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Stranglehold (Xbox 360) artwork

Stranglehold (Xbox 360) review

"Stranglehold is about shooting people. Shooting people in slow motion as you dive through the air, shooting people as you swing from a chandelier, shooting people as you glide around on a serving cart...there's just a lot of shooting. "

Stranglehold is about shooting people. Shooting people in slow motion as you dive through the air, shooting people as you swing from a chandelier, shooting people as you glide around on a serving cart...there's just a lot of shooting.

But given that Stranglehold is the videogame sequel to John Woo's Hard Boiled, a ridiculous amount of gunplay goes with the territory. Stranglehold sees Chow Yun Fat reprise his role as Inspector Tequila, maverick cop and renowned firearm discharger, who finds himself embroiled in a plot packed with Hong Kong gangs and Russian mobsters. The story twists and turns without being particularly deep but it serves its purpose: throwing lots and lots of guys with guns your way.

To help balance out the odds, Tequila has a couple of tricks up his sleeve. The most obvious is 'Tequila Time', which is Stranglehold's version of the ever popular bullet time. Target an enemy while you're diving around and the world slows to a crawl, giving Tequila the chance to blast multiple baddies in one dive. Obviously, a renegade cop who leaps around in slow motion isn't anything new and it would be churlish to deny that Stranglehold owes a debt to Max Payne. But Max Payne itself owes a large debt to John Woo's oeuvre, so it's less of a rip off and more borrowing what had already been borrowed.

Tequila Time may not be a particularly novel concept, but the way Tequila can interact with the environments he's blasting through certainly is. Tables can be slid over, banisters ran up, Brachiosaurus backbones skied down, serving trolleys ridden upon; if a piece of scenery glints it can used in some over the top way, even if it's just dropping a neon sign on some poor sap's head.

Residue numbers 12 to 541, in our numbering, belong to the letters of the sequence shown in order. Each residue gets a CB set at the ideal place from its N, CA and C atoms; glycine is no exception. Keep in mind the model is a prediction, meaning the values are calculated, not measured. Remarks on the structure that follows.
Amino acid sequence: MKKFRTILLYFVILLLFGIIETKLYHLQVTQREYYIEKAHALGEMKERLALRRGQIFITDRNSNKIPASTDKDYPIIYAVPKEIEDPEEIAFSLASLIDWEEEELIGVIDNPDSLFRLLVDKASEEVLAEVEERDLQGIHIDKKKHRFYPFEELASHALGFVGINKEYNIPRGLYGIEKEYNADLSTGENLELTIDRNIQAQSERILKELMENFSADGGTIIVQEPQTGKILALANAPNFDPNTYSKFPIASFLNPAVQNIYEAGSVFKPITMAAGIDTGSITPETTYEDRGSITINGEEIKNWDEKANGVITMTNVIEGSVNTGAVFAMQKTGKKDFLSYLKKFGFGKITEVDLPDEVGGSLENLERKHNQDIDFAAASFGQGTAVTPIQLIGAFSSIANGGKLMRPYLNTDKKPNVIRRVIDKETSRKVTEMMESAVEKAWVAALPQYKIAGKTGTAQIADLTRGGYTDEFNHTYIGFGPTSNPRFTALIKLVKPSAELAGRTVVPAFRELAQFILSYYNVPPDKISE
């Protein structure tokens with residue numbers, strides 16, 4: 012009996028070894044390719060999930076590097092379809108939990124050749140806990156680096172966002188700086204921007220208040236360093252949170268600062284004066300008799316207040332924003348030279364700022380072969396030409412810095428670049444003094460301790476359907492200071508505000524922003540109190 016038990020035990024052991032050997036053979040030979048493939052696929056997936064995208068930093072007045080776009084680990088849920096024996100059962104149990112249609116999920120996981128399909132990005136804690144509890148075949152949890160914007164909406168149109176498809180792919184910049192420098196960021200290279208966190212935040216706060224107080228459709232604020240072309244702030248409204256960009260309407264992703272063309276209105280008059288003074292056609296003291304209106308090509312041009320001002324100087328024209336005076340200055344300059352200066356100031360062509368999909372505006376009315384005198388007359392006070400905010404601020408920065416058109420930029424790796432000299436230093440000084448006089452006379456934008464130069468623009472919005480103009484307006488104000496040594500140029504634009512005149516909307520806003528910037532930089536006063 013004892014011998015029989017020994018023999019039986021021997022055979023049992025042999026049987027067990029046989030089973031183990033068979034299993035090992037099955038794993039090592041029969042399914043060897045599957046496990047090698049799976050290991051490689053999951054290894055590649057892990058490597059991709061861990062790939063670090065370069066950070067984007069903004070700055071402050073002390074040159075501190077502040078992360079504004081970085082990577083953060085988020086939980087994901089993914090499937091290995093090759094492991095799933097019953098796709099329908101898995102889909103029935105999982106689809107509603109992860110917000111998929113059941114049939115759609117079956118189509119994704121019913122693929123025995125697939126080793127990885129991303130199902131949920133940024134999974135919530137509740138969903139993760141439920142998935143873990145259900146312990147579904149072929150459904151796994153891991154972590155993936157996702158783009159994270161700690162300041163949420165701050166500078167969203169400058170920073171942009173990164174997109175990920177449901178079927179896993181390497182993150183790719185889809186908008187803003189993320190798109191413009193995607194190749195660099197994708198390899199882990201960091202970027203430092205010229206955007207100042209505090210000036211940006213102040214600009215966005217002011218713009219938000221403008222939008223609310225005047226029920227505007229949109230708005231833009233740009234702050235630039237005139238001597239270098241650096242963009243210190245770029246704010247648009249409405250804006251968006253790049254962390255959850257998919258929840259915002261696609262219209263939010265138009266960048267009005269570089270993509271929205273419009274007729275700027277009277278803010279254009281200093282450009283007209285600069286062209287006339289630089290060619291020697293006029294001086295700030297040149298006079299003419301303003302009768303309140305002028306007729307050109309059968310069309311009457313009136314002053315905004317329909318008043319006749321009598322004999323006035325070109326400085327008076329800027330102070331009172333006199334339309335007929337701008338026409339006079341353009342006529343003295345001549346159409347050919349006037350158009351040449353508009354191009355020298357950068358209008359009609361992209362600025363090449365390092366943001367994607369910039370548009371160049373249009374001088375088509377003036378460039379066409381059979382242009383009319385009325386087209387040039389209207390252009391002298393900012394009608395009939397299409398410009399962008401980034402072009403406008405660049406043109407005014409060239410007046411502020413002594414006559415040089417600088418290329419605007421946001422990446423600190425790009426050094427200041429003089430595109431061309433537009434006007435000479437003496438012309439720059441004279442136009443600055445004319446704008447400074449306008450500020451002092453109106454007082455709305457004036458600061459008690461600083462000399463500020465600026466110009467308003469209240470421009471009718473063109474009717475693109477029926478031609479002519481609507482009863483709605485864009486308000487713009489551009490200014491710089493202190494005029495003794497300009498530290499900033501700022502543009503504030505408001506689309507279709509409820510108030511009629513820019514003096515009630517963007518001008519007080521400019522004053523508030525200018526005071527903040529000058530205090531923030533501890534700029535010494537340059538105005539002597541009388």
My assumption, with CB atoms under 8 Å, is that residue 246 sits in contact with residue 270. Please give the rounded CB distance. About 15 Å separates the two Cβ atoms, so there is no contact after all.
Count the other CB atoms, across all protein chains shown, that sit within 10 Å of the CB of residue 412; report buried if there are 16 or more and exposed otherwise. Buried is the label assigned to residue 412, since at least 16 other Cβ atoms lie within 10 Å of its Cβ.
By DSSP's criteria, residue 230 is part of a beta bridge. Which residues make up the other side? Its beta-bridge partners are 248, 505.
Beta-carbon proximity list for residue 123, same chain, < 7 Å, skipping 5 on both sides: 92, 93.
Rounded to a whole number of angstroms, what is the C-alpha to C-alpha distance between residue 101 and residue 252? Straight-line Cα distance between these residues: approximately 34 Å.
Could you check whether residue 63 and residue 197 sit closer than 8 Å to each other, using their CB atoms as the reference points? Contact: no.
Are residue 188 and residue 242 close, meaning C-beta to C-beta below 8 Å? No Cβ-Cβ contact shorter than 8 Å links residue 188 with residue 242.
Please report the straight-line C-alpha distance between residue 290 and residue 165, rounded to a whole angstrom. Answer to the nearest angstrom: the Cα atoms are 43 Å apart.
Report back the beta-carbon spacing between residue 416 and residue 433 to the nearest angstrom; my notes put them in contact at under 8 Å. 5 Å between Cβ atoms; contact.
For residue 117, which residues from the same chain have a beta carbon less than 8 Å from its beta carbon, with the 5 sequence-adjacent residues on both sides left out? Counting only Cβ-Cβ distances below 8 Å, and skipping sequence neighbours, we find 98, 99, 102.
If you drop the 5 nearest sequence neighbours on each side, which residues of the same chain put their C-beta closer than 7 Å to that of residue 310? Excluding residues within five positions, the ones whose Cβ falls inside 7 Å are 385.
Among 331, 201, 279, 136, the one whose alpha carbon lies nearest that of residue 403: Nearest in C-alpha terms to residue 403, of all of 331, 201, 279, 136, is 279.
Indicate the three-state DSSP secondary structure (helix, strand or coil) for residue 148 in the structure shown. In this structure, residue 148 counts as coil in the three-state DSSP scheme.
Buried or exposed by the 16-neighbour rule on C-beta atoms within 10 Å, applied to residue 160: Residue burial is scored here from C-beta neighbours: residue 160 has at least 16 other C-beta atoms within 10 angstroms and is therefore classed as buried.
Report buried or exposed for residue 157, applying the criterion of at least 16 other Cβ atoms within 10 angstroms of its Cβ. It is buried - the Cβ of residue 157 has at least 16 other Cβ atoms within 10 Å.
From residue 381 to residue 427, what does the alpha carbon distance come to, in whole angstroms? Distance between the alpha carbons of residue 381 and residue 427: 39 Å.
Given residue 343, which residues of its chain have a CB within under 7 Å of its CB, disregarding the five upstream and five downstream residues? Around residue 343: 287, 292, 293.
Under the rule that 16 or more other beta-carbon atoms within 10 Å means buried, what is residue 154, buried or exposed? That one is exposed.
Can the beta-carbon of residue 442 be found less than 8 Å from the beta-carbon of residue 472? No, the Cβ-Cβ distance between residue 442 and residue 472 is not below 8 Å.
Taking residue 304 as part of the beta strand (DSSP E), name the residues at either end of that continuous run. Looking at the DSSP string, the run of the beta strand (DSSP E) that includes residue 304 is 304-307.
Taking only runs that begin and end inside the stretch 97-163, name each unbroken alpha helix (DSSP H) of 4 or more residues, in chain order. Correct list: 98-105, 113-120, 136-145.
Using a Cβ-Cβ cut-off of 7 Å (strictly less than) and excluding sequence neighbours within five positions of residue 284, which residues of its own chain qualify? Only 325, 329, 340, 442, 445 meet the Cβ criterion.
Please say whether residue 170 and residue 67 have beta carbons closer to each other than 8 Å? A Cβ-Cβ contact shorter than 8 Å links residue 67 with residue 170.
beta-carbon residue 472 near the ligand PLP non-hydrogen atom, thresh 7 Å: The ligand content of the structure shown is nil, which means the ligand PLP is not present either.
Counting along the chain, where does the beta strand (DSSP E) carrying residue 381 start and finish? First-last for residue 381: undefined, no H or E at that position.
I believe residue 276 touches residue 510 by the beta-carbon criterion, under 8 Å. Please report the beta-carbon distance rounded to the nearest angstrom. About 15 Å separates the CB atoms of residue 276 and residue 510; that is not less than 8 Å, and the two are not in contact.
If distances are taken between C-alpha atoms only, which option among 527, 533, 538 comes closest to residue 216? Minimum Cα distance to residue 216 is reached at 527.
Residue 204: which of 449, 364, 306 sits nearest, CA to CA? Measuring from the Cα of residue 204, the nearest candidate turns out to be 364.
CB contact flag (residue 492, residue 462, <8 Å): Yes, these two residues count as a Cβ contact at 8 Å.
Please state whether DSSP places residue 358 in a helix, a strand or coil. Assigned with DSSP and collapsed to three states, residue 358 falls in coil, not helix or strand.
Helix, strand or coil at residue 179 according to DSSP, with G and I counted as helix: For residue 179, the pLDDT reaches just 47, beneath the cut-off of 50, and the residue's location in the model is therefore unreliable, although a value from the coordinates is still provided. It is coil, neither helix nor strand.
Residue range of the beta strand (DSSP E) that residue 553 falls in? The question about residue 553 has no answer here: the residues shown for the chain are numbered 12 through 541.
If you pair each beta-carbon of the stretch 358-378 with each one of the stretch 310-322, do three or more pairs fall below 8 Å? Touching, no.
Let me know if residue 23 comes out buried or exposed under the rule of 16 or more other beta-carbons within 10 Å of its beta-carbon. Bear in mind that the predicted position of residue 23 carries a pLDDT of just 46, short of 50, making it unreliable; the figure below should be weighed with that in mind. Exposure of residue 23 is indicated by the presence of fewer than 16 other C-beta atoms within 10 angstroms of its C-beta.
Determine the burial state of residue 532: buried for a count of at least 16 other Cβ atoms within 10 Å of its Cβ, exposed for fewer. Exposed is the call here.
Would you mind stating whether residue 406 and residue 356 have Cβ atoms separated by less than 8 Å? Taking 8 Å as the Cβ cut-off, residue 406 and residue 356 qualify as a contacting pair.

Tequila's abilities are what makes Stranglehold fun. Sliding down a banister then leaping onto the top of a serving cart while blasting away in slow motion is hilariously entertaining. Even just diving around blasting in slow motion is a hoot. The game rewards stylish play; the more spectacular the kills, the quicker the Tequila Bomb meter fills. Tequila bombs are nifty special moves ranging from a small health boast to a screen clearing spin attack. The Tequila Bombs are rarely necessary but have a suitably cinematic look to them. And they add some much needed complexity to the game.

You see, Stranglehold is a remarkably old school game with a few modern trappings. Baddies spawn and you shoot them. There are no squad tactics, no stealthy sneakery, no button pressing quick time events, it's all point and shoot, point and shoot. From the first level to the last, the gameplay doesn't change; Tequila enters an area, a ton of bad-uns appear and many bullets are fired. Stranglehold basically boils down to intense fire fight after intense fire fight. Well, almost. Occasionally Tequila will be surrounded by half a dozen or so goons and engage in a standoff. During the standoff, the camera takes up an over the shoulder position with the left stick used to dodge the bullets flying your way (in slow motion, naturally) and the right stick used for aiming. Taking a leaf from the 80s martial arts film book, the baddies choose to attack one at a time, as if to give Tequila a sporting chance. The standoffs are mildly diverting, but too infrequent to really help break up the run 'n' gun sections.